Quail has a certain exoticism, evoking candlelit banquets, heavy with game and pork and red wine. A wintery treat. They’re such pretty birds: related to the pheasant and originating from the east (most modern breeds come from the Japanese strain), they are good flyers and are known to emigrate long distances - England to Africa is not unthinkable for a cold wild quail.
Given their capacity for flight, it’s really important to consider your quail farmer carefully. It has become a personal mission to seek out an enlightened producer and after a long search I’ve found a lovely quail farm in Norfolk which is very encouraging – I do so enjoy this delicately flavoured bird.
Roast quail makes a wonderful visual impact on a table. A big plate of them looks fantastic for a special meal – you need 1-2 birds per person. They’re great for a week-day supper too: very quick to cook, lean, with a good proportion of meat to bone. For a simple roast, brown briefly in butter (I think this really helps with flavour), push some nice fruity bits into the cavity – prunes or plums, apples, apricots or orange quarters – then wrap in pancetta or bacon, and bake in the oven at 200ºC for 15-20 minutes.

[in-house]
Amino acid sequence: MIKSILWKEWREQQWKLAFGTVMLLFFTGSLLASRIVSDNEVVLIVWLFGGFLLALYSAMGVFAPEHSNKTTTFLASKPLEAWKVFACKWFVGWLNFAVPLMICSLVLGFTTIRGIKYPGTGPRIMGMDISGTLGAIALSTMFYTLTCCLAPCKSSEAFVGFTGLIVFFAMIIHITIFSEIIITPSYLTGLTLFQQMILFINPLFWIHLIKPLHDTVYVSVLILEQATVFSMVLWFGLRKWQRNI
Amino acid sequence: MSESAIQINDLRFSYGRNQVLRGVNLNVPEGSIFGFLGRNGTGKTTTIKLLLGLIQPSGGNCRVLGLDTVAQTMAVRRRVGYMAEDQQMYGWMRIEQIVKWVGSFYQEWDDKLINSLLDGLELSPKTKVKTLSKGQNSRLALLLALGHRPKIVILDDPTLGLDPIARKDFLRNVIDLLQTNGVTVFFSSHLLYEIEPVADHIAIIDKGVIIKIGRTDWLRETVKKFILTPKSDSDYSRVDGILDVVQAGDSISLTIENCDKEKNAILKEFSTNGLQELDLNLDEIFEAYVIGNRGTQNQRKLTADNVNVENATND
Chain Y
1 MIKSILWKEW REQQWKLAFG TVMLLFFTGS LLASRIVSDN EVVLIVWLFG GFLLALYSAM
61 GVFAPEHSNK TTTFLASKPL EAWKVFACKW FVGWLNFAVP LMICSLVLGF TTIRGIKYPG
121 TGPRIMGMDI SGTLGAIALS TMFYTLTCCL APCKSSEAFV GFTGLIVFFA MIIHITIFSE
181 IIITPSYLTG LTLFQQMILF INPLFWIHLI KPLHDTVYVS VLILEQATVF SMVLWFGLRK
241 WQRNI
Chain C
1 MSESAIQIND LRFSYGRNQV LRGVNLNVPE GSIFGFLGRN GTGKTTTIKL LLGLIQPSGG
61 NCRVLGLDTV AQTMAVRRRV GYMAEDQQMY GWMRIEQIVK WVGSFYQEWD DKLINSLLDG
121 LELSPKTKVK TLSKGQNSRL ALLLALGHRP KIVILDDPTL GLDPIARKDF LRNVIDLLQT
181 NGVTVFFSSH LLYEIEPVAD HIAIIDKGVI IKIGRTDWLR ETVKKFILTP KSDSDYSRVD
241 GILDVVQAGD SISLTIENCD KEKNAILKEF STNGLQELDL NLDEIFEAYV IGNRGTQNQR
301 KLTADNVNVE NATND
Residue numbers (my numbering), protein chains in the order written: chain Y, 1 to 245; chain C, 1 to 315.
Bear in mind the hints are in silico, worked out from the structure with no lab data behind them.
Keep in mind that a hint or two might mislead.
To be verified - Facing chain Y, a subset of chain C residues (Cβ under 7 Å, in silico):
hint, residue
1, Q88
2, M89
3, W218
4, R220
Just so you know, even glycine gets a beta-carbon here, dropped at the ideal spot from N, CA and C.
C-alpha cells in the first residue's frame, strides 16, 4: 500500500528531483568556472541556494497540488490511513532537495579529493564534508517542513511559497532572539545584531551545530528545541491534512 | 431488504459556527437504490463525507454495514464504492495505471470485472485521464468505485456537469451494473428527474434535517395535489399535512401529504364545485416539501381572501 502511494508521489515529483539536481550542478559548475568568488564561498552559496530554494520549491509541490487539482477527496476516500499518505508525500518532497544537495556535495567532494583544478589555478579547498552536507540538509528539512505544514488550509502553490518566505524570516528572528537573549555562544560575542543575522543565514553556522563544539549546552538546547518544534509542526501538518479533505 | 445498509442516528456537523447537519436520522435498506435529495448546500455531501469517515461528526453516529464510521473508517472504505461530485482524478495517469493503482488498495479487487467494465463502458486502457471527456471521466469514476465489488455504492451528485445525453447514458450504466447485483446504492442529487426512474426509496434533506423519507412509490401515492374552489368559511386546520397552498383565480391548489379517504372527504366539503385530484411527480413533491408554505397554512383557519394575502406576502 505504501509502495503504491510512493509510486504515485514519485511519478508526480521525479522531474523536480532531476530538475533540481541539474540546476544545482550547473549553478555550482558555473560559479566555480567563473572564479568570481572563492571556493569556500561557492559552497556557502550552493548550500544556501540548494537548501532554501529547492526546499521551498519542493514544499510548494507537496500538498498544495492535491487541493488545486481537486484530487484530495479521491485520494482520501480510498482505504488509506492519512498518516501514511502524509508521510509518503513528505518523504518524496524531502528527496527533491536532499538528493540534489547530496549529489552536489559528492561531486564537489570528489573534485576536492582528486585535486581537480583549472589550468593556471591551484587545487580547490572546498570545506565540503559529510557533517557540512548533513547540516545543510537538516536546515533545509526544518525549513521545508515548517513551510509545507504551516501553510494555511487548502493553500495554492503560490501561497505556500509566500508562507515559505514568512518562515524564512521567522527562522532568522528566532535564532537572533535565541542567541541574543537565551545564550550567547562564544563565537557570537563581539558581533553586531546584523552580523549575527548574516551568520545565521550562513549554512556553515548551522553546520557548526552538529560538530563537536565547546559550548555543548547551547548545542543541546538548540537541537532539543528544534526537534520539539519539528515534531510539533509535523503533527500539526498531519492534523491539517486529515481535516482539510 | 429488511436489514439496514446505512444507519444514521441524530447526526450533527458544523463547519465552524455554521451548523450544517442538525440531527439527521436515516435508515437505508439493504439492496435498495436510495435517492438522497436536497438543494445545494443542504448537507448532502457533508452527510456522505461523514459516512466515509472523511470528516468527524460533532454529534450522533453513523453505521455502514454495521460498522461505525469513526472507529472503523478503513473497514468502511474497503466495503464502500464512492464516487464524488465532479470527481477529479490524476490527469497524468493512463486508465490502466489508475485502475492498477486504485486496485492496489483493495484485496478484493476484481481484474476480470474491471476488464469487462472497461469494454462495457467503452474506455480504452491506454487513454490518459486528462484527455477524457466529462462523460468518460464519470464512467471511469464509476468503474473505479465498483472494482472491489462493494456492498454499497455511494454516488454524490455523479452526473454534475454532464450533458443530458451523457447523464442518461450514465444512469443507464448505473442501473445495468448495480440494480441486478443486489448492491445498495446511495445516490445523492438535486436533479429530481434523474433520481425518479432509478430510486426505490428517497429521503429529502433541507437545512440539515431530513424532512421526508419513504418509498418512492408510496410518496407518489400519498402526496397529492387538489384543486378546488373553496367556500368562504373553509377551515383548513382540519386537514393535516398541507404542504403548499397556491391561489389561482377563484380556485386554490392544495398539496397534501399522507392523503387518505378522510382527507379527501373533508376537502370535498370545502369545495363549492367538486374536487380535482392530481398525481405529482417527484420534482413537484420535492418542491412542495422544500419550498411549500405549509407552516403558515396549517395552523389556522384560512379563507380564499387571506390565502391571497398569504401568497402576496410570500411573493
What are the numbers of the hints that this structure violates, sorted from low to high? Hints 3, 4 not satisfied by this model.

Anna Del Conte, one of my favourite writers on Italian food, remembers a meal of roast quail basted in Balsamic vinegar that she enjoyed in Reggio Emilia. The birds were sautéed and then put in a baking tray with a small amount of stock. During the fifteen minute roasting that followed they were basted twice with the stock and a tablespoon of balsamic vinegar. The birds were then removed, and the pan was de-glazed, with a small amount of butter mixed in, to make a sauce. Served finally with pureed celeriac and potato. Delicious.
This is an adapted Nigel Slater recipe – simple and very easy.
- Quail, 1-2 per person
- Olive oil
- Pancetta or fat bacon in the piece, about 200g
- Chopped celery – a stalk per person
- A glass or two of sweet wine
Pre-heat oven to 220ºC. Rub birds with salt, pepper and olive oil. Dice pancetta or bacon and fry gently in a large casserole dish (add oil if necessary). When sizzling, add quails to the pot, turning up heat to colour each side. Add celery to pan, pour in wine and bring to boil. Cover with lid and put in oven. Cook for approximately 25 minutes or until seeping juices are clear. Remove from oven but keep in pan to rest for fifteen minutes before serving.